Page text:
Vapor-Deposited Polymer Films and Structure: Methods and Applications

Fang-Yu Chou, Theresia Cecylia Ramli, Chin-Yun Lee, Shu-Man Hu, Jane Christy, Hsien-Ye...


Vapor deposition of polymers is known to result in densified thin films, and recent developments have advanced these polymers with interesting fabrication techniques to a variety of controlled structures other than thin films. With the advantages of chemical modification and functionalization of these polymers, advancements have combined both the physical and chemical properties of these vapor-deposited polymers to obtain controlled anisotropic polymers, including layer-by-layer, gradient, hierarchical, porosity, and the combination of the above, meaning that the produced polymers are functional and are addressed in devised physical configurations and chemical compositions. The main purpose of using polymer coatings as a tool for surface modification is to provide additional properties that decouple the natural properties of the underlying materials (including metals, polymers, oxides/ceramics, glass, silicon, etc.), and recent advancements have rendered novel insights into combined physical and chemical properties to fulfill the increasing needs of sophisticated requirements of materials for users. The review herein intends to deliver messages of recent progress of the advancements of vapor-deposited polymers, with discussions of the variations of the physical structures and chemical functionalities, and how these two aspects are integrated with novel fabrication techniques. The advanced vapor polymers now have the capability of controlled anisotropy in the physical structure and chemical composition and are expected to pave the way for interface engineering toward prospective material designs.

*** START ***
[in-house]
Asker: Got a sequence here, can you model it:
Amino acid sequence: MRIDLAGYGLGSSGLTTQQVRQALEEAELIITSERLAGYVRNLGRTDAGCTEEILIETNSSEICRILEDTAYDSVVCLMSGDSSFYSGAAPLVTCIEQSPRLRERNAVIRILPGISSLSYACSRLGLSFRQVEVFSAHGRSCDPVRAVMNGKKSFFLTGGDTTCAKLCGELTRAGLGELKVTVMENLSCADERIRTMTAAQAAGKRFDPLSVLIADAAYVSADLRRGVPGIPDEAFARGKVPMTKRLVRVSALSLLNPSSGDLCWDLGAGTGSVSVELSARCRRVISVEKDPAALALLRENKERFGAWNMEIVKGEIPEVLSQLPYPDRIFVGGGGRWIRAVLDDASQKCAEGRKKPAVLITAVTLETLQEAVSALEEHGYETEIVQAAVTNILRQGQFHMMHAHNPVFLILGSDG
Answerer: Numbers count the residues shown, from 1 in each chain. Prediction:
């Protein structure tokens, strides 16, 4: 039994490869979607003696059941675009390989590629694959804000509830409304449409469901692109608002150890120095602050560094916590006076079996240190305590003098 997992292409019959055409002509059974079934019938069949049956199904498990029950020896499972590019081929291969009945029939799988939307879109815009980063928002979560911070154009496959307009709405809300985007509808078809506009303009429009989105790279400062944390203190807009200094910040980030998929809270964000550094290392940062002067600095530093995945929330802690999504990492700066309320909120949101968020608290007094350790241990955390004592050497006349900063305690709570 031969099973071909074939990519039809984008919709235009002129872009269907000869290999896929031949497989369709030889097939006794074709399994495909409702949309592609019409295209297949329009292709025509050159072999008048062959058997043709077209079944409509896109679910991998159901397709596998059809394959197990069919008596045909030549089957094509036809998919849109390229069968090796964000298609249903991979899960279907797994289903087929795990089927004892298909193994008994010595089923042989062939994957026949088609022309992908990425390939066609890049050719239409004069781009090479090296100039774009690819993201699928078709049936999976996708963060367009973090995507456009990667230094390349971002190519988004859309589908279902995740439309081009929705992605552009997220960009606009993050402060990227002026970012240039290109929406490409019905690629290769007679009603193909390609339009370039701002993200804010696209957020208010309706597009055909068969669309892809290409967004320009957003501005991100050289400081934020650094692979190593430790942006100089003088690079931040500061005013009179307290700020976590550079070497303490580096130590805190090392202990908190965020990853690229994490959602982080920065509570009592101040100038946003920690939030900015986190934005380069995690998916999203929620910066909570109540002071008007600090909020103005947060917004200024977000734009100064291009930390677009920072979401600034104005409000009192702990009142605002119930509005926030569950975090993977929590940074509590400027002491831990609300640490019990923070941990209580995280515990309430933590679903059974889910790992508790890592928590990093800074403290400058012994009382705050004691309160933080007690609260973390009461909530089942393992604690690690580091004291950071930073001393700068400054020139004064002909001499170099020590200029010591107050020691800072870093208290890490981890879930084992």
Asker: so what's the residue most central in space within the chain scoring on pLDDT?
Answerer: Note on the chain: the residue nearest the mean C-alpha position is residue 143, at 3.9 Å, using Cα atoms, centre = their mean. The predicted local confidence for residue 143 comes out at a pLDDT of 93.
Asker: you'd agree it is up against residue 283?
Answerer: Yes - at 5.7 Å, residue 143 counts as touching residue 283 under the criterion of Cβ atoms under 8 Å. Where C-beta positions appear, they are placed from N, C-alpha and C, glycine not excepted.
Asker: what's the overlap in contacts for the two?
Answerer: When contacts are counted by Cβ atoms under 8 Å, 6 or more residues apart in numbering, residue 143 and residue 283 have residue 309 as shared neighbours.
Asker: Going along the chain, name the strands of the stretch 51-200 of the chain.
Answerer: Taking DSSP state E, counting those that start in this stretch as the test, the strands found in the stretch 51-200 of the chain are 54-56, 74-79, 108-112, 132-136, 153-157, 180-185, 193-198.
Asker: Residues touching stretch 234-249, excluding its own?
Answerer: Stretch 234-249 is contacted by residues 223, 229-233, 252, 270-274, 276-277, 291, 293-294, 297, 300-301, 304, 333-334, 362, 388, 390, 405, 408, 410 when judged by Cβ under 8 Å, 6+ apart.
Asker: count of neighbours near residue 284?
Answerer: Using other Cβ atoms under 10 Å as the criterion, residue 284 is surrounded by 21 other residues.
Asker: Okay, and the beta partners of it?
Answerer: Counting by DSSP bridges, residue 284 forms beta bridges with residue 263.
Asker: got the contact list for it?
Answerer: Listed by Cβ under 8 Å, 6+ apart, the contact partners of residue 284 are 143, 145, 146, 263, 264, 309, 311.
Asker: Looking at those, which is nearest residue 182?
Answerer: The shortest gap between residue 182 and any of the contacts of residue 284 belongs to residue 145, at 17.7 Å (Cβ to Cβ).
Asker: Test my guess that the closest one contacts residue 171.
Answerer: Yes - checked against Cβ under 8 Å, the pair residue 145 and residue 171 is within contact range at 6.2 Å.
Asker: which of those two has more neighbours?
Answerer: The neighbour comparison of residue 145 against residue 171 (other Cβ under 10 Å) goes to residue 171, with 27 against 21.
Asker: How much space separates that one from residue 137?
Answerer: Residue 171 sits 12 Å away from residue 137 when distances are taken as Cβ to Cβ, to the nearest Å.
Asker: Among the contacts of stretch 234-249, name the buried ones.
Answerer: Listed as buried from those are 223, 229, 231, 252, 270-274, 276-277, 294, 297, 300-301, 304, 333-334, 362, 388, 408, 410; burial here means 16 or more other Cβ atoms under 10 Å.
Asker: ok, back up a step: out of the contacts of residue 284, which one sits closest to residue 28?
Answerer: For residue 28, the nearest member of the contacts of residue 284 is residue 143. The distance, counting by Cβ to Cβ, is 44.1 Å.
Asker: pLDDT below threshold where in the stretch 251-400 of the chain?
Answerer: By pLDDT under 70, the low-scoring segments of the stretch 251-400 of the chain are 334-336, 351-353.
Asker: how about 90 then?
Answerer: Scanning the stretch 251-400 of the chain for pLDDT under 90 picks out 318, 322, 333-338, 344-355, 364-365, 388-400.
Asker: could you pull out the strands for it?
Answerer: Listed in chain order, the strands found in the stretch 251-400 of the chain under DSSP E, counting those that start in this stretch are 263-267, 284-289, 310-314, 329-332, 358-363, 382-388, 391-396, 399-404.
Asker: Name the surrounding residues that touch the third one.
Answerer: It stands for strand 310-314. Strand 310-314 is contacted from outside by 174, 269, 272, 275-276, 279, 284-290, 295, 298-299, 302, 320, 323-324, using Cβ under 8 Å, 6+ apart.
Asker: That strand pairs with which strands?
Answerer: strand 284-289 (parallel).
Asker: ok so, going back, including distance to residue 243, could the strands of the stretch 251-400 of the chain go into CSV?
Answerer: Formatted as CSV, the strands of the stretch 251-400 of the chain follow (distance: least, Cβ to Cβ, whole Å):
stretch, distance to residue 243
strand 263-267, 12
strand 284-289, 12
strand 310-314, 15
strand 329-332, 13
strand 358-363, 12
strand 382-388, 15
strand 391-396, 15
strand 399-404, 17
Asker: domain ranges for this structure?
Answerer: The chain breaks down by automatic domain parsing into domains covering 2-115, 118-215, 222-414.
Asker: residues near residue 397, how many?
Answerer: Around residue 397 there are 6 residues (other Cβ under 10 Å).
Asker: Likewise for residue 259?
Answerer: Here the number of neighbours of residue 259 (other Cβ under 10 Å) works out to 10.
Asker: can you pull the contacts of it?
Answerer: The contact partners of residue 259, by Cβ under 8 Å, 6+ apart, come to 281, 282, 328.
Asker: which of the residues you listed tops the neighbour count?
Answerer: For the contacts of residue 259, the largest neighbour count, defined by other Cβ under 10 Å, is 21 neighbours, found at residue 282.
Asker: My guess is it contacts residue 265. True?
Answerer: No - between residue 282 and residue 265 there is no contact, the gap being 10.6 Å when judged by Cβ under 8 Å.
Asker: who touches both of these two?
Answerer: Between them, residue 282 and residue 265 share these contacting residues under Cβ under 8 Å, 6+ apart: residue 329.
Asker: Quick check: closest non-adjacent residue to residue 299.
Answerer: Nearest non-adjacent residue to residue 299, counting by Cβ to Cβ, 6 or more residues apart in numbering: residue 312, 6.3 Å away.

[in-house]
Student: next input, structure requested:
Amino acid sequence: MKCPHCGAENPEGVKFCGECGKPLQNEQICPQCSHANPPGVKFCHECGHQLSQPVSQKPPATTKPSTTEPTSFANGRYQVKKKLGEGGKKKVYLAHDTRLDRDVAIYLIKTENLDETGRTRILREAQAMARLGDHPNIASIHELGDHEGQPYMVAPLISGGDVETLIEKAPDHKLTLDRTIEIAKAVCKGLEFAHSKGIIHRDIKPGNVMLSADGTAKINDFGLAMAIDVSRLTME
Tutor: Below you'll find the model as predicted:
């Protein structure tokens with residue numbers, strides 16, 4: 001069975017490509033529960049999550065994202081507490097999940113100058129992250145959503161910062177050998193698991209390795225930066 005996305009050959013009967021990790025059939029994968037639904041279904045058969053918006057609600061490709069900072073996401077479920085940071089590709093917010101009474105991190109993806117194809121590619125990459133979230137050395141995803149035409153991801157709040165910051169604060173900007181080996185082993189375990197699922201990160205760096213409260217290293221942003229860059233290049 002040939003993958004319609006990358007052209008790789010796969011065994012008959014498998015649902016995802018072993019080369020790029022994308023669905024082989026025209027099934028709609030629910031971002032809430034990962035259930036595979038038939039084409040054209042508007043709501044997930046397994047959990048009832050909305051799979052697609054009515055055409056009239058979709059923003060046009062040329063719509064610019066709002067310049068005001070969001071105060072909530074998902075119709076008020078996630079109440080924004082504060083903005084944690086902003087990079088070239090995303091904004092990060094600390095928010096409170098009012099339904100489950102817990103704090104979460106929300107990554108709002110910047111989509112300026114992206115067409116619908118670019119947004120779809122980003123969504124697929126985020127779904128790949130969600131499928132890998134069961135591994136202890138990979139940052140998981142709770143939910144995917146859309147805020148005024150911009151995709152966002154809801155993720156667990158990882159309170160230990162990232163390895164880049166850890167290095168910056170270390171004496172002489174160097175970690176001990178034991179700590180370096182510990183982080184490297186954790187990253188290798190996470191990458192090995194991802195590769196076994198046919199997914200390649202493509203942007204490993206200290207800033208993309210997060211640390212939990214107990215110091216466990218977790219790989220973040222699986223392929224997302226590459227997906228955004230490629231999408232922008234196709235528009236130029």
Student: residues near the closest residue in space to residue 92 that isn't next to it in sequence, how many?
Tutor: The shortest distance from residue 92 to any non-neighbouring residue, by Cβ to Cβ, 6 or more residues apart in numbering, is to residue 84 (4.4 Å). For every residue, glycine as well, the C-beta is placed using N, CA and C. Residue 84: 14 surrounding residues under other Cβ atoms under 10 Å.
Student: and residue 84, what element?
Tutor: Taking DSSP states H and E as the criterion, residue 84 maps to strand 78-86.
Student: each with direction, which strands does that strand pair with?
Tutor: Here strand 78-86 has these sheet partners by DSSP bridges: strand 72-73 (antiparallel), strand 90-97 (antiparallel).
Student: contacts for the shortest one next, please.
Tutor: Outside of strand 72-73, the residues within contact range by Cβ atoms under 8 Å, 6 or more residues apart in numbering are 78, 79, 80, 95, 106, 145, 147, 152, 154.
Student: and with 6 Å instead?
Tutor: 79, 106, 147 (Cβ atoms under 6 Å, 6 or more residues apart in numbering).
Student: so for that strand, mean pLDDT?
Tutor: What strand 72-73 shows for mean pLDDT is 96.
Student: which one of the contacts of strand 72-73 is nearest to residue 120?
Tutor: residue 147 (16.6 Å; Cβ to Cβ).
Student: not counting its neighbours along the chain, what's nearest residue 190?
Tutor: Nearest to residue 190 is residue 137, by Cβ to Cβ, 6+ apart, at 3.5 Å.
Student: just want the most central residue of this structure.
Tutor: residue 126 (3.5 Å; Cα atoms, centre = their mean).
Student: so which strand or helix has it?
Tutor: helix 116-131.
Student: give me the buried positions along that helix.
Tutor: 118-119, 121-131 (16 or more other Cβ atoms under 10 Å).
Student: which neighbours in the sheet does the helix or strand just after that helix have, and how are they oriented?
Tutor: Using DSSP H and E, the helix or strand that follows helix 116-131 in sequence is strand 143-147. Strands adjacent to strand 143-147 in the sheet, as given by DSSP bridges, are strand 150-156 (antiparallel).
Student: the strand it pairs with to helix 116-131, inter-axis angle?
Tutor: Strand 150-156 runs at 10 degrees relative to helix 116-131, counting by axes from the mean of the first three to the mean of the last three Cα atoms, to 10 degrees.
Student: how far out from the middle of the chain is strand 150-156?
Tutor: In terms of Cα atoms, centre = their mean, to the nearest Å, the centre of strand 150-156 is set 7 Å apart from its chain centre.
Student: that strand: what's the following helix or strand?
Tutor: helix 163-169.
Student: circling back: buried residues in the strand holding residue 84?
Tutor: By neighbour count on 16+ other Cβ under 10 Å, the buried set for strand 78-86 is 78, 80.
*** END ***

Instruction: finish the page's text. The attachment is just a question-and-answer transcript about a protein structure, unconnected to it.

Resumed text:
KEYWORDS: vapor deposition - polymer coating - surface modification - surface structures - material interfaces